“Follow Your Leader” – Herman Melville’s “Benito Cereno”

20140217-091924.jpg

I’ve never been a big fan of the traditional mystery genre. I have certainly read some books that were good mysteries, but the exercise of reading with the intent of determining “whodunit” doesn’t appeal to me as the best way to spend my reading time. This bias of mine does not apply, however, to a certain class of novel that is something akin to a mystery. I’m speaking of novels in which the reader is from the start cast into unknown circumstances and must be patient as things are slowly revealed to him. Herman Melville’s novella “Benito Cereno” is such a novel – or I guess technically a novella, as it checks in at only about 75 pages.

20140217-091907.jpg

I first read Benito Cereno back in 1992, together in a volume along with several other of Melville’s shorter works. The other two I still remember are “The Encantadas” and “Bartleby the Scrivener” (the latter of which I’ve posted about previously). I remember way back then being confused by Benito Cereno, and when I recently re-read it I could easily see why. It’s a mystery of sorts, not so much of a whodunit as a “whodunwhat.”

Based on “actual events” in the early 1800’s, Melville’s story was published in serial form in 1855, and it should be read with the historical context of that time in mind. A time when the struggle between anti- and pro-slavery forces was nearing the fever pitch that culminated in the U.S. Civil War. The story is of an American sea captain, Amasa Delano, at a remote port in southern Chile. While there, a nearly derelict Spanish vessel, the San Dominick is spotted, erratically making its way into the harbor. Delano takes a small boat out to encounter it, possibly to offer assistance, and there meets its captain, the eponymous Benito Cereno.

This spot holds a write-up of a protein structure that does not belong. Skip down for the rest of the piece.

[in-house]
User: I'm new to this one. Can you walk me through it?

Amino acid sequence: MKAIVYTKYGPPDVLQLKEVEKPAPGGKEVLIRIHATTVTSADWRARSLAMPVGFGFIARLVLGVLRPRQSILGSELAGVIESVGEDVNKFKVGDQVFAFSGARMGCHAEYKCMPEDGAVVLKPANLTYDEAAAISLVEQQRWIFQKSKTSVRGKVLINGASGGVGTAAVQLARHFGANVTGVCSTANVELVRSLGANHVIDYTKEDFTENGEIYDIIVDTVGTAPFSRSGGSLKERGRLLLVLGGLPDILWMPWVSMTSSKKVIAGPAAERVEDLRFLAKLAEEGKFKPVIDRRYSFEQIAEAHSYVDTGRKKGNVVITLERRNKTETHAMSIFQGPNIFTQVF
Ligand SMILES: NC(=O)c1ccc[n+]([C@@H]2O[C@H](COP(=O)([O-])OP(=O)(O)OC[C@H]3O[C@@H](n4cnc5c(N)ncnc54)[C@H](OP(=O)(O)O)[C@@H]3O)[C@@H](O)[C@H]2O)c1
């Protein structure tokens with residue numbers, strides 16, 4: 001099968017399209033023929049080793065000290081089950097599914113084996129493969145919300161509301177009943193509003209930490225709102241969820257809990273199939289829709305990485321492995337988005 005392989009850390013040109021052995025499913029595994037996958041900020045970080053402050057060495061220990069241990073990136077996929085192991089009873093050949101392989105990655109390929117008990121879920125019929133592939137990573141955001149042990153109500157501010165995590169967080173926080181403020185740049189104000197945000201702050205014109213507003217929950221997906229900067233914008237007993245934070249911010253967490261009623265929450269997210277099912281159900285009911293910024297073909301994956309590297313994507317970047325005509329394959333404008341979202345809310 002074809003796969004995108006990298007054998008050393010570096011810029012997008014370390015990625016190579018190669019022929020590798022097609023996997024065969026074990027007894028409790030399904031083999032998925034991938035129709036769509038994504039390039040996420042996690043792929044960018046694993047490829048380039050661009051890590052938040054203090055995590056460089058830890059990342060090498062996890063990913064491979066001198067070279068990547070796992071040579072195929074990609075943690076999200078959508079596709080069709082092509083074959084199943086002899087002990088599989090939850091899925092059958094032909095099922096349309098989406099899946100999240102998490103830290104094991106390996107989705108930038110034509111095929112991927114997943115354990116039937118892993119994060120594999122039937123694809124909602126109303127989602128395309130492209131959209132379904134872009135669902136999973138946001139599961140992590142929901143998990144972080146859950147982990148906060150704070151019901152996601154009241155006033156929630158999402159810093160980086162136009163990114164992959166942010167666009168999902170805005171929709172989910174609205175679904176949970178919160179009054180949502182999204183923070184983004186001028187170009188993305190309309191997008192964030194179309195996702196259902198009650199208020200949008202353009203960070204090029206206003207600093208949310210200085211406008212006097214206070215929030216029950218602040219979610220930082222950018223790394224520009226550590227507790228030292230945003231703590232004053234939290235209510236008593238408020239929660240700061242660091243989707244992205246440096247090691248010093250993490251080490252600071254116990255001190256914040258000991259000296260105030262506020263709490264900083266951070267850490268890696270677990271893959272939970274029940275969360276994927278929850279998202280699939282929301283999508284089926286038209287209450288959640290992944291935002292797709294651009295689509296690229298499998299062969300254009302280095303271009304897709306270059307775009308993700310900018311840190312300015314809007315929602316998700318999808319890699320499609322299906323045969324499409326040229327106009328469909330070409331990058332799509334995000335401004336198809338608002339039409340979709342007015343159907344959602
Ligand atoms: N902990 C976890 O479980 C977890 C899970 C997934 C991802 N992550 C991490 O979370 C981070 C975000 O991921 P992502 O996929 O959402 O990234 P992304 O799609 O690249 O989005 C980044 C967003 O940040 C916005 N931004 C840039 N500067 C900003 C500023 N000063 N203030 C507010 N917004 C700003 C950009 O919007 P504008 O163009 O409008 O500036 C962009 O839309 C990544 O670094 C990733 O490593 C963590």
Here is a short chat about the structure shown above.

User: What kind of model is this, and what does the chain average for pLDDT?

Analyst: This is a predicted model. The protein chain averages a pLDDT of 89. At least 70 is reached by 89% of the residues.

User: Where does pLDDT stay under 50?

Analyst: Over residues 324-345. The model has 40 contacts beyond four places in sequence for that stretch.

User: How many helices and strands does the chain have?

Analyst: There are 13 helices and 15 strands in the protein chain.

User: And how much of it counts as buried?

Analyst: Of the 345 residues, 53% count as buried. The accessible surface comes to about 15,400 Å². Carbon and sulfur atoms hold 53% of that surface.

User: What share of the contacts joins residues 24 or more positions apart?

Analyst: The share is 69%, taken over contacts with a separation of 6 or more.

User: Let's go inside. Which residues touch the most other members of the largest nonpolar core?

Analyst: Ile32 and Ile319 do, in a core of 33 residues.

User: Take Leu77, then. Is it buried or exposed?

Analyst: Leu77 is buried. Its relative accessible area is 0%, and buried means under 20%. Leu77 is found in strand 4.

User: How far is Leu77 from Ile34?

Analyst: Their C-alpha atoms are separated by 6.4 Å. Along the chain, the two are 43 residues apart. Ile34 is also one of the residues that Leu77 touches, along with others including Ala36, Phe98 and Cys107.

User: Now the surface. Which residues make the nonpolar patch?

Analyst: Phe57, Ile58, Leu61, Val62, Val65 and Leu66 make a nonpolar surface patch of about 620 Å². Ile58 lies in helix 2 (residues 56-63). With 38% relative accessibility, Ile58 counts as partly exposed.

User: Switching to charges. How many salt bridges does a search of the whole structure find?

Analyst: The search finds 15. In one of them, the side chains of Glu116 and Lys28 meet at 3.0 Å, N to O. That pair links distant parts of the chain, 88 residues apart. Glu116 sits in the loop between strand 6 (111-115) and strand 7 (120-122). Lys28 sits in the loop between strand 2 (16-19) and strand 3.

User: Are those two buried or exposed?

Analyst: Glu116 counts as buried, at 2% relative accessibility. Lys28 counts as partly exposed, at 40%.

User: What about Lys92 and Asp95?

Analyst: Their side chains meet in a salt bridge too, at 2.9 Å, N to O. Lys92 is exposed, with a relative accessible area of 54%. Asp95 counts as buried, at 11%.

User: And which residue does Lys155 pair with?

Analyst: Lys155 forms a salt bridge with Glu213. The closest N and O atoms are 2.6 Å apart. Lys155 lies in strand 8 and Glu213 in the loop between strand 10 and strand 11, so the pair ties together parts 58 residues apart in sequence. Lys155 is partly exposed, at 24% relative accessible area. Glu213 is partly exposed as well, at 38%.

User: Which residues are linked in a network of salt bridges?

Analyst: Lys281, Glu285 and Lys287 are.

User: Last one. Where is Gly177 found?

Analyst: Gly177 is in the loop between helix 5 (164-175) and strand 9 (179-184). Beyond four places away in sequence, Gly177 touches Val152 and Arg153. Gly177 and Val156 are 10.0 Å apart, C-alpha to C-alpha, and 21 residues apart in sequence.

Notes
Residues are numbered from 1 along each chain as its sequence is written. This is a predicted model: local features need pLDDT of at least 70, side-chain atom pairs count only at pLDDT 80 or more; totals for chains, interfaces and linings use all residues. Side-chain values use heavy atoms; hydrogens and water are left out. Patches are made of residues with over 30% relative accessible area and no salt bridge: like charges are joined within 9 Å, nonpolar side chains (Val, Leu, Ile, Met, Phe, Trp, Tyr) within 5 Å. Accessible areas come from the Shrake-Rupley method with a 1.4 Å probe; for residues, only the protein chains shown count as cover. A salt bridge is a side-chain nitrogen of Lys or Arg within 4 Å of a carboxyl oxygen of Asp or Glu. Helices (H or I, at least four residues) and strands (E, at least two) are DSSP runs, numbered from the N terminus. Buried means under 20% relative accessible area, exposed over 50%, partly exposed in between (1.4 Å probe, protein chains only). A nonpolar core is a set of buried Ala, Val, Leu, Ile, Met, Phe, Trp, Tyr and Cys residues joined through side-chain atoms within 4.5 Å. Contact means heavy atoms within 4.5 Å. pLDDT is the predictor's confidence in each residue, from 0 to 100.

On board, Delano is met by a rag-tag crew featuring both Spaniards and African slaves. All are nearly starving and beg for supplies. Clearly something is not quite right in this unusual social amalgam. Delano, however, struggles to grasp what might be amiss. An extremely frustrating character, many things are obvious to the reader long before they are to Delano, who continues to take Cereno and his black servant, Babo, at their word when, to most, suspicion and a skeptical reaction would seem to be the order of the day. There is undoubtedly some great writing along the way in the book, as the truth is slowly revealed, and Melville also deftly handles a great, climactic scene that kept this reader on the edge of his seat.

I feel, however, that, since I’ve labeled this work a mystery of sorts, I shouldn’t reveal the details of the true story of the San Dominick. I will reveal the source of the “Follow Your Leader” quote from the title of this post, though. When Delano first boards the ship, he notices that the figurehead on the ship’s prow is covered with canvas and only the ship’s inscription “follow your leader” is visible. Check the illustration above to see what lay hidden under the canvas…

Have you read Benito Cereno, or other shorter works by Melville? What did you think of them?